The answer, according to the leaders of Standing Together to End Sexual Assault (STESA), is rooted at both the individual and community level. The 46-year-old agency, formerly known as the Santa Barbara Rape Crisis Center, set up the first-ever sexual assault hotline in Santa Barbara in 1974. 

Over the years, the services have grown. Now STESA intervenes with survivors within hours of an assault, counsels those who may have delayed sharing their stories and is engaged in a full-on effort against the cultural norms that have allowed sexual violence to proliferate for so long. 

Executive Director Elsa Granados has been in the movement to end sexual violence since 1985. In 1997, she assumed her role at STESA. What keeps her engaged? 

“Overall what I see is that we really transform people’s lives,” Granados says. “They come to us in a place where they are very vulnerable, feeling pain and trauma. It’s not that transformation comes overnight. But when they make the decision to leave our services, they are in a different place.” 

Amazingly, STESA’s skeleton full-time staff of four hotline responders/case managers and a clutch of dedicated volunteers comprehensively meet the needs of 550 survivors and their significant others all using an empowerment model. Once a call comes into the hotline, STESA staff or volunteers are there within 30 minutes. This could be at a school, hospital or police station. They then walk survivors through their options: medical care, legal reporting, and mental health counseling. “We always ask survivors if they want to work with us,” says STESA Program Director Idalia Gomez. “One decision about their bodies was already taken from them, so we make sure they know they are in charge of their healing.”

Beyond direct services, STESA is actively engaged in educating the community about the prevalence and precursors to sexual assault. They go into Santa Barbara schools, debunking myths about sexual assualt, hold community events – and even teach self-defense.

“We need everyone in our community to be engaged in the issue,” Executive Director Granados says. “Not everyone has to do everything, but everyone has to do something when it comes to sexual assault.”

Guiding Survivors Out of the Woods

On the second day of her freshman year of college, Aspen Matis was raped. 

When “mediation” with her attacker failed, and the school inexplicably moved him into her dorm, Matis was traumatized, scared and left alone. Instead of moving him out, they moved her to a converted motel off campus, where she would sit, alone, staring at the cinder block walls.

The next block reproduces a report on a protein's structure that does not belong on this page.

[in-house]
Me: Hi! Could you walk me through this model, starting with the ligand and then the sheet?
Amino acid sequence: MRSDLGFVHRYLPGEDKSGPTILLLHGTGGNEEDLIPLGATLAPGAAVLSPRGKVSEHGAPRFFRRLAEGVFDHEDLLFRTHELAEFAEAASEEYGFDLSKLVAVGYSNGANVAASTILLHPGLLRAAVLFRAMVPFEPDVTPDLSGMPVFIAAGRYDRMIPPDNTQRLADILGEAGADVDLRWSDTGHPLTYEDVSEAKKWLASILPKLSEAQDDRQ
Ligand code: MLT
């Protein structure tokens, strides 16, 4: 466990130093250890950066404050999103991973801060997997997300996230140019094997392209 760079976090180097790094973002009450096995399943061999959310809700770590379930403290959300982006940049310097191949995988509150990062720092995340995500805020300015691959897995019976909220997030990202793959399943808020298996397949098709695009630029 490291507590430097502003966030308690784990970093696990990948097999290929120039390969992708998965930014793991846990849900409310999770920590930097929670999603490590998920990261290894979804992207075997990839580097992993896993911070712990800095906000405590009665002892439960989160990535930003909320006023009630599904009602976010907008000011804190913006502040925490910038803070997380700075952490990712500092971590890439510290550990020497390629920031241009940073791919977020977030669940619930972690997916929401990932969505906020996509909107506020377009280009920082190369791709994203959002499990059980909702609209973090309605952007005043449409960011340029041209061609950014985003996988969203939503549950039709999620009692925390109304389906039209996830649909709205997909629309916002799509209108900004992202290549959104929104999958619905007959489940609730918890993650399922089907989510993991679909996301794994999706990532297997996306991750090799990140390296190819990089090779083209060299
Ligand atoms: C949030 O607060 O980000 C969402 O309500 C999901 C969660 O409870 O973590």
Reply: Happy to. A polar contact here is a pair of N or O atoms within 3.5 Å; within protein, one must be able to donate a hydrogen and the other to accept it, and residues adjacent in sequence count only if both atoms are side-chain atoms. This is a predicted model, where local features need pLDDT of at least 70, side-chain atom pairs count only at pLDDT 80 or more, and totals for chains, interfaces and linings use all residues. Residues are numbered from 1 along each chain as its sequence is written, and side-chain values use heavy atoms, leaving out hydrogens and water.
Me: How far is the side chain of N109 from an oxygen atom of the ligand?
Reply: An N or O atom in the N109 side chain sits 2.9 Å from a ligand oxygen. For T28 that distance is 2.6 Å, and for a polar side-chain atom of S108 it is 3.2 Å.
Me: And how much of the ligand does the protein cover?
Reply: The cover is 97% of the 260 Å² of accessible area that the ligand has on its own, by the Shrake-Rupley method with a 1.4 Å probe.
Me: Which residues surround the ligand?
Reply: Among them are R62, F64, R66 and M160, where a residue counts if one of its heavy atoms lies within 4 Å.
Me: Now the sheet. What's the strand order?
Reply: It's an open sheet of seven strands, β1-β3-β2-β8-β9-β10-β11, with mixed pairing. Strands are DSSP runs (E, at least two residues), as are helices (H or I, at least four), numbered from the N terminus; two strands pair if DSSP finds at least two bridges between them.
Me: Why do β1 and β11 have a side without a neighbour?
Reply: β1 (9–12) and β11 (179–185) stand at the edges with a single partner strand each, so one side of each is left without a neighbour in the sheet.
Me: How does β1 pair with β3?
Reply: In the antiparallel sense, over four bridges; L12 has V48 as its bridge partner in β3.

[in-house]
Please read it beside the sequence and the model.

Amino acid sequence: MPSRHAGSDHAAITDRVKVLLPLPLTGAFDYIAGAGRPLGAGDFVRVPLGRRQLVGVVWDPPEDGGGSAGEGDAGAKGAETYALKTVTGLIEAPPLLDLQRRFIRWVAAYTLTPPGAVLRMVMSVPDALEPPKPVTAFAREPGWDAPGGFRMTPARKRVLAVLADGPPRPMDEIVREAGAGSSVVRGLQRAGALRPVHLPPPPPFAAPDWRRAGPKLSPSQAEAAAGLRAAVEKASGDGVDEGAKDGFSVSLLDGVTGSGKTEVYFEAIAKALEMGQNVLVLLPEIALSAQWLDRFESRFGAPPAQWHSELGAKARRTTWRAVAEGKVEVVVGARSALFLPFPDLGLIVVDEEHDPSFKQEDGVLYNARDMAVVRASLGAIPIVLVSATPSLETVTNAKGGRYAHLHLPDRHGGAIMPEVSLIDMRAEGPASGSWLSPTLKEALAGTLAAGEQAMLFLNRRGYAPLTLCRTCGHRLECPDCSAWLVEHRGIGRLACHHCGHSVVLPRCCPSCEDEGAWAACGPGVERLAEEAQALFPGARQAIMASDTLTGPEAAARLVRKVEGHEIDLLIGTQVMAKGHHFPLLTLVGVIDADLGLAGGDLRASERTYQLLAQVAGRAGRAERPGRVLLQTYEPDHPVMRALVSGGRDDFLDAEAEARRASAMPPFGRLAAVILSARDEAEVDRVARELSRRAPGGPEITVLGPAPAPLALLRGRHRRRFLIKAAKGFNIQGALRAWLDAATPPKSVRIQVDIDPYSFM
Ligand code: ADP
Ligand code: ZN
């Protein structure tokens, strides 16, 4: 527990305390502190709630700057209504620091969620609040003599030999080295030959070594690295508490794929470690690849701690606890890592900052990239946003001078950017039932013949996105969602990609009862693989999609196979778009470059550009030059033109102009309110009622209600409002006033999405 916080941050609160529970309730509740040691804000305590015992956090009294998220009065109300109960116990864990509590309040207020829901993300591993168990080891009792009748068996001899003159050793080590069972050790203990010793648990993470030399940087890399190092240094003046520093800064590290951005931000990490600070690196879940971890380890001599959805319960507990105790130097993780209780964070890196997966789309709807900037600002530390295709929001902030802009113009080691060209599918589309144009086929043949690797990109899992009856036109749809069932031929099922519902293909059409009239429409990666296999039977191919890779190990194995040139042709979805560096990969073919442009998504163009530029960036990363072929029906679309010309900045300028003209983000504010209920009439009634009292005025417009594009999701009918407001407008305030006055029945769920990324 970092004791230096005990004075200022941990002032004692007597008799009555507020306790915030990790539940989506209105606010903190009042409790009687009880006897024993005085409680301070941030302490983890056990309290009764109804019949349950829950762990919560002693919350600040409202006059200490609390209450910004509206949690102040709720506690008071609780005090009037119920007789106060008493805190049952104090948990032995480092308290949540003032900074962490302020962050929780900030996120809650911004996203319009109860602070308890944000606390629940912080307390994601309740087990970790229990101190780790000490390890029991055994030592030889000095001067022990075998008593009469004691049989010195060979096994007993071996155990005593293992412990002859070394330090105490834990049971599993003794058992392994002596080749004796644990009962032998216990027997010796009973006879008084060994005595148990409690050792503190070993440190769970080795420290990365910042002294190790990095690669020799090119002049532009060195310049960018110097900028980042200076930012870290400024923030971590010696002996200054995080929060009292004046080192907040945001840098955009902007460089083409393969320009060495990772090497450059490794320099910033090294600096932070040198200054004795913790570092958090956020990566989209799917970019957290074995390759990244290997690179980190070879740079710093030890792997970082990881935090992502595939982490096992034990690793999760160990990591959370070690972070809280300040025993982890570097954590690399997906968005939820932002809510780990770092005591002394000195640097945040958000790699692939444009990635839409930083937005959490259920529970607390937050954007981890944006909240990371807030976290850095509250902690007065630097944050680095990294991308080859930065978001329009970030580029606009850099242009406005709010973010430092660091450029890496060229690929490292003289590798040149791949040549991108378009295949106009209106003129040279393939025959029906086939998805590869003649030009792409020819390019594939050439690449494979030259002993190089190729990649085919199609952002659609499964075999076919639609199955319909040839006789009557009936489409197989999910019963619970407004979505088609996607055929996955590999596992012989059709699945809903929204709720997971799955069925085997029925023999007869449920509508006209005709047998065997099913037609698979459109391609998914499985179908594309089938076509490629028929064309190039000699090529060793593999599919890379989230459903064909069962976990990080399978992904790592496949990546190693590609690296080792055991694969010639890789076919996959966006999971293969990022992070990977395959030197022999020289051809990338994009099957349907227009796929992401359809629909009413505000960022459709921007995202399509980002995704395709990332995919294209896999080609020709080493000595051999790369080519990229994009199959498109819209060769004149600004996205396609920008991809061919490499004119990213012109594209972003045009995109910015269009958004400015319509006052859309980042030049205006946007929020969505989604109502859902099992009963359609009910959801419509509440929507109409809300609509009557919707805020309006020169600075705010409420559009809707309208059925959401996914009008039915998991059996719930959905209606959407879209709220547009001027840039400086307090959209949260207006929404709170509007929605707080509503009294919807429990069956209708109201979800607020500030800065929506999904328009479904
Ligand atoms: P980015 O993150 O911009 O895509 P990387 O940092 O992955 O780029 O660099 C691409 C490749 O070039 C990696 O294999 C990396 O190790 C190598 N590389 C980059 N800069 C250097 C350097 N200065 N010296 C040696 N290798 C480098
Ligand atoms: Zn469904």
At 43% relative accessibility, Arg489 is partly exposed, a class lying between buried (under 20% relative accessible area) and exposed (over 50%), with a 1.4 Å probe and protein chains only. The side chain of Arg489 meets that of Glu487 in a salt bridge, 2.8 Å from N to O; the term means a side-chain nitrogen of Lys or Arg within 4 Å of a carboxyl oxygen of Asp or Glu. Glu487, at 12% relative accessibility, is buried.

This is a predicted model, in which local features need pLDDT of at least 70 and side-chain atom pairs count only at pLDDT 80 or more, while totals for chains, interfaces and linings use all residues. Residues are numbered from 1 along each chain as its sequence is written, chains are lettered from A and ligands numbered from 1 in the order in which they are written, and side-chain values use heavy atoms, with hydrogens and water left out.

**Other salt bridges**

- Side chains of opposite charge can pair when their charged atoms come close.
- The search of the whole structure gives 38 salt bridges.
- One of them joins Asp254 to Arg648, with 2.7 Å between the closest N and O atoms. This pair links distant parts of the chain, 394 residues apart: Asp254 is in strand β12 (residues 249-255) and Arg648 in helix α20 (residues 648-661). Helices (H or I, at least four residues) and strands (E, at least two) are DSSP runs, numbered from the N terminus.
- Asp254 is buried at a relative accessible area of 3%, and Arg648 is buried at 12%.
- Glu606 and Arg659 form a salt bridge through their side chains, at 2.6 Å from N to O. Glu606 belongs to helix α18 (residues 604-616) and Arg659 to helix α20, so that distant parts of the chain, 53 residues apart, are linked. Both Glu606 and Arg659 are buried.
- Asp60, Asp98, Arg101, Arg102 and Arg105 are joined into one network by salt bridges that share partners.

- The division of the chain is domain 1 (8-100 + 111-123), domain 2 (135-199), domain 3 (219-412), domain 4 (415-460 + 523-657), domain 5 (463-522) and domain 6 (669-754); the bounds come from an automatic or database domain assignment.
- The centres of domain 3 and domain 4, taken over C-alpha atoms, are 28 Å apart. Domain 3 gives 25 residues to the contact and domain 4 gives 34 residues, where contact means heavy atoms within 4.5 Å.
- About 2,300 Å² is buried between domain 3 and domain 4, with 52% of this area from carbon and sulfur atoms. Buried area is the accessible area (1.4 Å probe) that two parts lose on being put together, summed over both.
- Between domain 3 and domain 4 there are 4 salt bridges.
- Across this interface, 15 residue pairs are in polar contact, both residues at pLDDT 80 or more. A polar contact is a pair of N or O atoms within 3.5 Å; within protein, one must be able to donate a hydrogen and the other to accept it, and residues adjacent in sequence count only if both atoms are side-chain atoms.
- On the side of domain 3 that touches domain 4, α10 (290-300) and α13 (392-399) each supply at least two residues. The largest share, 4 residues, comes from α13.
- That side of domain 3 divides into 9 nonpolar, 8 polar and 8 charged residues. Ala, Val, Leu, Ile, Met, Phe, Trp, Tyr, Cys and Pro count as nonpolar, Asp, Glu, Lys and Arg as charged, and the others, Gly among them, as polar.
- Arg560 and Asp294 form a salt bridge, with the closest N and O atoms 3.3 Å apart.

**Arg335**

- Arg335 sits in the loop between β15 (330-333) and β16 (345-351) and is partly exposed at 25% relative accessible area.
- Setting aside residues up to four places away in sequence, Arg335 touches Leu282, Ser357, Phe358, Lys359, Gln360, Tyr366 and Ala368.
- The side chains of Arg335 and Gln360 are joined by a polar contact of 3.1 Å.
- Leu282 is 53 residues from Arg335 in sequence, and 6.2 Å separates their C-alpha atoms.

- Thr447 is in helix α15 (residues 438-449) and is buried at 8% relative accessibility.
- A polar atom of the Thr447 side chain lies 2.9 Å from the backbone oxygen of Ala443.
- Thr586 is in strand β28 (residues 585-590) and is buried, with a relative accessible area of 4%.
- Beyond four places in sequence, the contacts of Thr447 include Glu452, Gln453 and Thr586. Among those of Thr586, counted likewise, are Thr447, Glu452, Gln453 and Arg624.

While there, Matis called the National Sexual Assault Hotline – created and operated by RAINN (Rape, Abuse & Incest National Network), the nation’s largest anti-sexual violence organization. 

“The person I spoke with was so amazing,” Matis says. “She told me things that sound so obvious in retrospect, but at the time they were revelations to me: ‘This was not your fault. You didn’t cause this. Short shorts don’t cause rape. Weed doesn’t cause rape. Rapists cause rape.’ Talking with a compassionate professional from RAINN became the first step in my healing process.”

After a handful of more calls with RAINN’s highly trained support specialists, Matis decided to leave college. Her new plan: walk the 2,500 miles from Mexico to Canada along the Pacific Crest Trail to raise money for RAINN.

Beyond operating the hotline and providing other victim services that have touched more than 3.2 million survivors and their loved ones since 1994, RAINN works with national media and the entertainment industry to elevate sexual violence storylines across the country. RAINN also works to expand the use of DNA in unsolved rape kits, reduce the backlog of untested rape kits, reform statute of limitations laws, broaden survivors’ access to appropriate medical care, protect young athletes, and bring perpetrators to justice. 

“We founded RAINN more than 25 years ago based on the belief that no survivor should feel alone,” says Founder and President Scott Berkowitz. “While supporting survivors will always be at the core of what we do, we have become the leading voice educating the public and fighting for survivors’ rights in Congress and the states.” 

In 2015, Matis wrote a memoir, “Girl in the Woods,” about her epic trek and painful recovery, which was propelled into the spotlight as a part of Oprah’s Book Club. As a member of the RAINN Speakers Bureau, Matis travels the country spreading awareness about sexual assault and rape, and its frightening frequency. Nearly one in four young women will have such an experience before leaving college.

“The reality is that sexual assault and rape are happening every day and everywhere,” Matis says. “The most convenient thing to do is to pretend that they are rare, because acknowledging this epidemic is uncomfortable and it’s sad and it’s scary. But by denying reality, averting your eyes and just willing it away, you are denying the validity of the struggles of so many people, and also denying them resources that may help them to heal and live a fulfilling life after.

RAINN is doing a wonderful and admirable service for the people who have been through the trauma of sexual assault and for anyone who knows someone or loves someone who has been raped.”